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Ammo and the games
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garhkal
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PostPosted: Wed Nov 02, 2016 4:57 pm    Post subject: Reply with quote

Dredwulf60 wrote:

Integrity is like virginity. Once you lose it...you can't get really get it back.

But forgiveness is a virtue; just because you lost virginity doesn't mean you have to end up in the red light district the rest of your life..


I had a major laugh at that analogy!
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Whill
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PostPosted: Wed Nov 02, 2016 10:47 pm    Post subject: Reply with quote

Dredwulf60 wrote:
He had to sit out several sessions, but the group voted to allow him back in, though as a supporting character.

Integrity is like virginity. Once you lose it...you can't get really get it back.

But forgiveness is a virtue; just because you lost virginity doesn't mean you have to end up in the red light district the rest of your life.

Suffice to say that my group keeps an eye out for abuses now.

Good story. Props to the cheater for fessin' and to your group for forgiveness.

Dredwulf60 wrote:
And it's hard to prove unless you do the work to prove it. Politeness being what it is...you don't want to call someone out unless you *know*.

It's not a lot of work. I've always kept a record of how each PCs starts at char gen, and how many CPs awarded to each PC for each adventure. Sometime over the years I added a stat to my character sheet that includes a running total number of CPs spent on increasing skills. There is no need to calculate averages. It's only a little work to do an audit if I ever wanted to, but hardly any work to just make sure there isn't even a single discrepancy from adventure to adventure. Mistakes are discovered very quickly.
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PostPosted: Thu Nov 03, 2016 11:54 am    Post subject: Reply with quote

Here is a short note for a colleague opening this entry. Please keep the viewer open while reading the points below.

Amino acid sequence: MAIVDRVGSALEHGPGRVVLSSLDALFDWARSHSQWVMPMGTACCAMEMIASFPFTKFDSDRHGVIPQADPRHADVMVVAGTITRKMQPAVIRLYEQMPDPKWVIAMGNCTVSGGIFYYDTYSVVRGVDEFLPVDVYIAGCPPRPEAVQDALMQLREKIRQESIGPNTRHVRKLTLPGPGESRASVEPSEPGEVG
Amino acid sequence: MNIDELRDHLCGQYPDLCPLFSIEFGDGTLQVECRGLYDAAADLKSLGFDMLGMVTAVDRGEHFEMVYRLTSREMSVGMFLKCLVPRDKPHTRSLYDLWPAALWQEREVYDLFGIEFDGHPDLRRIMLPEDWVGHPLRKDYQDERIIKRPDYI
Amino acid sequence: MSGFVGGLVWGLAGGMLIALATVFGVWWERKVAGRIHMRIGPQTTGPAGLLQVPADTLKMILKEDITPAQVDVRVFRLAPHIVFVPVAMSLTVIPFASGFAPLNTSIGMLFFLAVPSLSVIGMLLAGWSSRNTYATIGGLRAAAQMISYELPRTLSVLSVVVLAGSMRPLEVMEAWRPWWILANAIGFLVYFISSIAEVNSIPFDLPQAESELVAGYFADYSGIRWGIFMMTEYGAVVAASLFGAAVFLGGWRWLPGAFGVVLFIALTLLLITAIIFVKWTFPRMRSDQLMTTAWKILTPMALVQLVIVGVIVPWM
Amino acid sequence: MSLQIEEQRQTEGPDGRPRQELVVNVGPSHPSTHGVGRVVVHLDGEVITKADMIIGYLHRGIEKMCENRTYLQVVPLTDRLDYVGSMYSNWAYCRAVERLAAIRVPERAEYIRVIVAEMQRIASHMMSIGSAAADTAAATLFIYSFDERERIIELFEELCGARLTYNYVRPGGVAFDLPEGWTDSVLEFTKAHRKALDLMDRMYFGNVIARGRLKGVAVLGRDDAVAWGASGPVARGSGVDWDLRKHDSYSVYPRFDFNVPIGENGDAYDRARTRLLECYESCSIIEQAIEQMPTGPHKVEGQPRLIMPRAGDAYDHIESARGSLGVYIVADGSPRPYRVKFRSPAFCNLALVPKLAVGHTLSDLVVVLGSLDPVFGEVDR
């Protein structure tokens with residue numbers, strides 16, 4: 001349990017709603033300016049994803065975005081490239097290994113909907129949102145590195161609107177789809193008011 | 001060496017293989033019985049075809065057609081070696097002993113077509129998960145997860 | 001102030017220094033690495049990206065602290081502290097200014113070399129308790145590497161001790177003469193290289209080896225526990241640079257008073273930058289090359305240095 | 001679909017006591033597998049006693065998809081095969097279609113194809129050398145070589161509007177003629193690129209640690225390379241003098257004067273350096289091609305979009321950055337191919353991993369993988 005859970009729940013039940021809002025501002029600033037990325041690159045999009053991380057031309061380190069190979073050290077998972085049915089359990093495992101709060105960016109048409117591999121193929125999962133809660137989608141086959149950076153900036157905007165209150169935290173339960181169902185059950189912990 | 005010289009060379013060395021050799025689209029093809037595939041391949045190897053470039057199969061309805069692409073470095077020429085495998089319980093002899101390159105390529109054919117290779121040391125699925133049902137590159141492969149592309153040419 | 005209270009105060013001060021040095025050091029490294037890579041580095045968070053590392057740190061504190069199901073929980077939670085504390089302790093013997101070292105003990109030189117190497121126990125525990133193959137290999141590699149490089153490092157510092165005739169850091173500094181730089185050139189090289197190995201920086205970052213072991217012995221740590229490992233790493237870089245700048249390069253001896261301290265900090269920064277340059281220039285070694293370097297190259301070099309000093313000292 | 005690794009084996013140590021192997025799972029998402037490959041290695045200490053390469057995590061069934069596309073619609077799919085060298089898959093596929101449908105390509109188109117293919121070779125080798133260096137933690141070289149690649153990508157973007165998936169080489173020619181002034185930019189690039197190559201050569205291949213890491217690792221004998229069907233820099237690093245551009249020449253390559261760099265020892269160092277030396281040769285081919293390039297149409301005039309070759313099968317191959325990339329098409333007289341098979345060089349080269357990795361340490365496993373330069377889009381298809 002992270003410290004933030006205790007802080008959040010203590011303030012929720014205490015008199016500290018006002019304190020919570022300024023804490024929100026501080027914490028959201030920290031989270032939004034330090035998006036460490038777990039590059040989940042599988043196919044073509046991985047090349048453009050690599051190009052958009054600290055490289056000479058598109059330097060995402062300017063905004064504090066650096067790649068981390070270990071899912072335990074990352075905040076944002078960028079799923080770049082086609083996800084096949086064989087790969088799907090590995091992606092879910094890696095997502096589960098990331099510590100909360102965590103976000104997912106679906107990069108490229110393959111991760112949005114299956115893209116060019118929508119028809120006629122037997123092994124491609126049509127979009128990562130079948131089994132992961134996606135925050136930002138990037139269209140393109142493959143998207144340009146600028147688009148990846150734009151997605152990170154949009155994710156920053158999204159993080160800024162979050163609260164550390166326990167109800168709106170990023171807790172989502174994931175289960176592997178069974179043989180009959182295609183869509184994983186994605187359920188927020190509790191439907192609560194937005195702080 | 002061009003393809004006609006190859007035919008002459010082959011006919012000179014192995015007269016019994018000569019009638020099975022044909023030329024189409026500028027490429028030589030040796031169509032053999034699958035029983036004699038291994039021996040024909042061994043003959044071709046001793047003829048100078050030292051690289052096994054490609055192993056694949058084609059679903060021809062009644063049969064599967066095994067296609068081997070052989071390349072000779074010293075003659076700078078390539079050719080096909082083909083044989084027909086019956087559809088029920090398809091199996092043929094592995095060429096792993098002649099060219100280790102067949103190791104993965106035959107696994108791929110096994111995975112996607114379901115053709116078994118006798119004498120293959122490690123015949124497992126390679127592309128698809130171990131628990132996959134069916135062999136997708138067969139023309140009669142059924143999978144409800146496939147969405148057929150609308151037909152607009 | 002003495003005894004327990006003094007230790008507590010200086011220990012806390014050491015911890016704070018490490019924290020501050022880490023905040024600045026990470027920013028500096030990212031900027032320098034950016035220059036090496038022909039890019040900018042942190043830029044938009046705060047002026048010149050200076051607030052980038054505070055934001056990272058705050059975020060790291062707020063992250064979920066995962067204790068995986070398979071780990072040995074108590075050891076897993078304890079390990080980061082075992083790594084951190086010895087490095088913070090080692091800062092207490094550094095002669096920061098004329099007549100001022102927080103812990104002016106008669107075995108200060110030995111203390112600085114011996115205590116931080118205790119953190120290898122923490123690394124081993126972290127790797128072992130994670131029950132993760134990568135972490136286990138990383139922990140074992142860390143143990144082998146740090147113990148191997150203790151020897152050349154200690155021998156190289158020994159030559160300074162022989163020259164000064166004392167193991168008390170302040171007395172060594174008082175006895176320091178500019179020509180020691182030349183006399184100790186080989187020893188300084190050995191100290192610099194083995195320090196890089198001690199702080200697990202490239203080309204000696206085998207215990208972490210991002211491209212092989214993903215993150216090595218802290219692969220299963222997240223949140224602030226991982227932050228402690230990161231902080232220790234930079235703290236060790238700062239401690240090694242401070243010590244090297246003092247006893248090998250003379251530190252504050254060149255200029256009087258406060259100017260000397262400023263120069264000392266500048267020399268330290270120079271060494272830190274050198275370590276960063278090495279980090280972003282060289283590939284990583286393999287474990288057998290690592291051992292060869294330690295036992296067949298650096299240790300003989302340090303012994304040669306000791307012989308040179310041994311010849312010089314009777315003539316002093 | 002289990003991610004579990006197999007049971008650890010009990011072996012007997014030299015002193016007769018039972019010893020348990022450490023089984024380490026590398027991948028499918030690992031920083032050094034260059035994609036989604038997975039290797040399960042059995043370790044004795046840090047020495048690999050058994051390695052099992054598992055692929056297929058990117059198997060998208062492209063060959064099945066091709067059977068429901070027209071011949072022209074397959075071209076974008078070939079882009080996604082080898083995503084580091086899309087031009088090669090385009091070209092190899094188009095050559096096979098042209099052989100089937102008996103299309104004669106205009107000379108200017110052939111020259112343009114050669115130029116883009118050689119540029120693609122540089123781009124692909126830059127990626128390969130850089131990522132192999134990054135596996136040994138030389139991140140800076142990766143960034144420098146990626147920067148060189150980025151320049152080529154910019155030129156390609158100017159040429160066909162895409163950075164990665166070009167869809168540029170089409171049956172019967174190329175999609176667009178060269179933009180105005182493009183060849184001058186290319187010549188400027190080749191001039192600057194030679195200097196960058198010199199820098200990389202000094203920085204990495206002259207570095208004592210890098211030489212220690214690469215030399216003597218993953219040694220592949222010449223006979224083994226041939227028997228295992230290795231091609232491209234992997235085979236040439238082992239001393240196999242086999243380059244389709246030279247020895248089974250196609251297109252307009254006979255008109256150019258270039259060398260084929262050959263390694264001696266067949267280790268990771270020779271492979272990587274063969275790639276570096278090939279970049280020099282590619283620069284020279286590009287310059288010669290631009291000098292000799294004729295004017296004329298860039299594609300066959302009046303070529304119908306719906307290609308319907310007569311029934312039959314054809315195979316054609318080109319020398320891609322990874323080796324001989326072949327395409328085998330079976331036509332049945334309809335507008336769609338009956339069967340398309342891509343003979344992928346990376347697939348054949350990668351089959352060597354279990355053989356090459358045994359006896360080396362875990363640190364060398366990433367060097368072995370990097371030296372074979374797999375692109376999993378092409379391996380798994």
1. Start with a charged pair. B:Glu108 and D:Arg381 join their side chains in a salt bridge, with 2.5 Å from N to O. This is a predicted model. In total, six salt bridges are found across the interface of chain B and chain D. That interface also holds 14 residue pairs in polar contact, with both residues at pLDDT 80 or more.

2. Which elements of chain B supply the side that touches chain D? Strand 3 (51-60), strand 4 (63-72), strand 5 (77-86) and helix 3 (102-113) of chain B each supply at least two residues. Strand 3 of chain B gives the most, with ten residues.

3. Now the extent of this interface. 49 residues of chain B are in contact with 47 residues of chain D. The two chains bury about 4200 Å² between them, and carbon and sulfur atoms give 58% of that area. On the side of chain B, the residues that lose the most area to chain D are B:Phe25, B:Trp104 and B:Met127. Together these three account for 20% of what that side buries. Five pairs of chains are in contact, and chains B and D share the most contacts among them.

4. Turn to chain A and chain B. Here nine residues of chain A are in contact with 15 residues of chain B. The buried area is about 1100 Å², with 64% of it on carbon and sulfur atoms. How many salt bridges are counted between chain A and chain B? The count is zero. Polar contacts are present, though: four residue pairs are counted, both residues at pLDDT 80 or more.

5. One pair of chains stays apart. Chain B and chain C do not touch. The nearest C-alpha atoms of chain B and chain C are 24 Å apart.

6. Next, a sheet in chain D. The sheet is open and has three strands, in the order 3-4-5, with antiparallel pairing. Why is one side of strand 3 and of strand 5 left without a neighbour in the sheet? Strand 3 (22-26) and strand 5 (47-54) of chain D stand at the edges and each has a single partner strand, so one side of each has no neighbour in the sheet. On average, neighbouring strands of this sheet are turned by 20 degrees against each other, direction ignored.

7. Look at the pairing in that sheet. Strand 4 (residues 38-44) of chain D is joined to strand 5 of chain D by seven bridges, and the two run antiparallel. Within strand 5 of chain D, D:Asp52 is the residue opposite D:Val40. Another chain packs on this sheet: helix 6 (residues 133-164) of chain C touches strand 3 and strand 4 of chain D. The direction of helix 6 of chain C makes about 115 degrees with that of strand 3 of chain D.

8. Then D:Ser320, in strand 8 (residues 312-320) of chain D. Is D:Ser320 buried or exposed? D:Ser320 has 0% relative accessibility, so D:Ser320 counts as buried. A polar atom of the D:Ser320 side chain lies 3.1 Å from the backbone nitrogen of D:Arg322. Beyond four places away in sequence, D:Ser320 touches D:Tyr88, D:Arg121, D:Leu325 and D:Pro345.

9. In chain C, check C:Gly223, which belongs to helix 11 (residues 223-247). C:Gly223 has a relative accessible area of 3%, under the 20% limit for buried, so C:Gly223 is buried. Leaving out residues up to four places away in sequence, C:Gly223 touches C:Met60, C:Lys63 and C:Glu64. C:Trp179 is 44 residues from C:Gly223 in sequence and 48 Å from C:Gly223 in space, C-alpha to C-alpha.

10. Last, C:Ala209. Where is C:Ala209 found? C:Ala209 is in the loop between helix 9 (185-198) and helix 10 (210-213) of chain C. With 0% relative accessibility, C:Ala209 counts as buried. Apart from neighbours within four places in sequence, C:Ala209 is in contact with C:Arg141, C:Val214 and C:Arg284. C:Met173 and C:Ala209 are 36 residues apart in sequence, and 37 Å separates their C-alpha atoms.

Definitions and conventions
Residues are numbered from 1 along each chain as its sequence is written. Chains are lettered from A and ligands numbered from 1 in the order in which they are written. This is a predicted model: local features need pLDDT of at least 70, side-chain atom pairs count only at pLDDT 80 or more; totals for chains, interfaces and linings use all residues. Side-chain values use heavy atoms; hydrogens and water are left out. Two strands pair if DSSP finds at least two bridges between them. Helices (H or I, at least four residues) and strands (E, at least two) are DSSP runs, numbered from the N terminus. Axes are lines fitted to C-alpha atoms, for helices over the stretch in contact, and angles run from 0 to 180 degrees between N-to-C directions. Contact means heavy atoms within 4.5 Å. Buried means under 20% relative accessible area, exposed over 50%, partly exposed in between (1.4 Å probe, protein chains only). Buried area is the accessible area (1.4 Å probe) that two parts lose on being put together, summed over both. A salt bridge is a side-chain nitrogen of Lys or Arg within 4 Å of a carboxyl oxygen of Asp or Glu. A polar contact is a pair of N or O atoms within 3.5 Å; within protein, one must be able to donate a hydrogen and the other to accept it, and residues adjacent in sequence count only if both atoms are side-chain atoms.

Keeping track of CP awarded, CP spent on actions, and CP used for advancement are all pretty easy to do. As a GM I eventually have some PC notes anyway.

Then again, sometimes either I or a player forgets to add or subtract something, and a small disparity might ensue. It could go on for a few sessions, and I might just let it slide anyway because +/- 1-3 CP is no big deal IMO 8)

Nobody in roleplaying is asked to take impeccable, inerrant notes Embarassed
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Dredwulf60
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PostPosted: Thu Nov 03, 2016 5:37 pm    Post subject: Reply with quote

Quote:
It's not a lot of work.


Well, that's easy to say when you DO keep track of it.

I mean, it's not hard to discover NOW.

But it was lot of work THEN to go from a position of total trust in the personal honour of your players...to a position of some suspicion, but not really believing...to a position of firm suspicion but not wanting to make an accusation you can't back up with evidence.

So, it's not a lot of work when you keep track of things like expenditures.

Which brings us back to the original point:
Keeping track of ammo...IS a fair bit of work. So much so that some people don't want to bother; or its not an important enough concept in their game to worry about.

In my game, we have established that having some vague idea that there is a limit to how much you can shoot is desirable. But not enough to make everyone keep a running total of every blaster bolt expended...and track when people aren't keeping track, through mistake or willful neglect...which my experience shows CAN happen.
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garhkal
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PostPosted: Thu Nov 03, 2016 6:38 pm    Post subject: Reply with quote

IMO if you start off with doing it, then it shouldn't be much more work than normal..

Take a shot, make a tick on a blank piece of note paper.. Tally up the ticks at the end of the battle.. quick and simple.
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Raven Redstar
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PostPosted: Fri Nov 04, 2016 12:24 am    Post subject: Reply with quote

I feel like the topic has kind of derailed from tracking ammo to catching potential cheaters.
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PostPosted: Fri Nov 04, 2016 8:54 am    Post subject: Reply with quote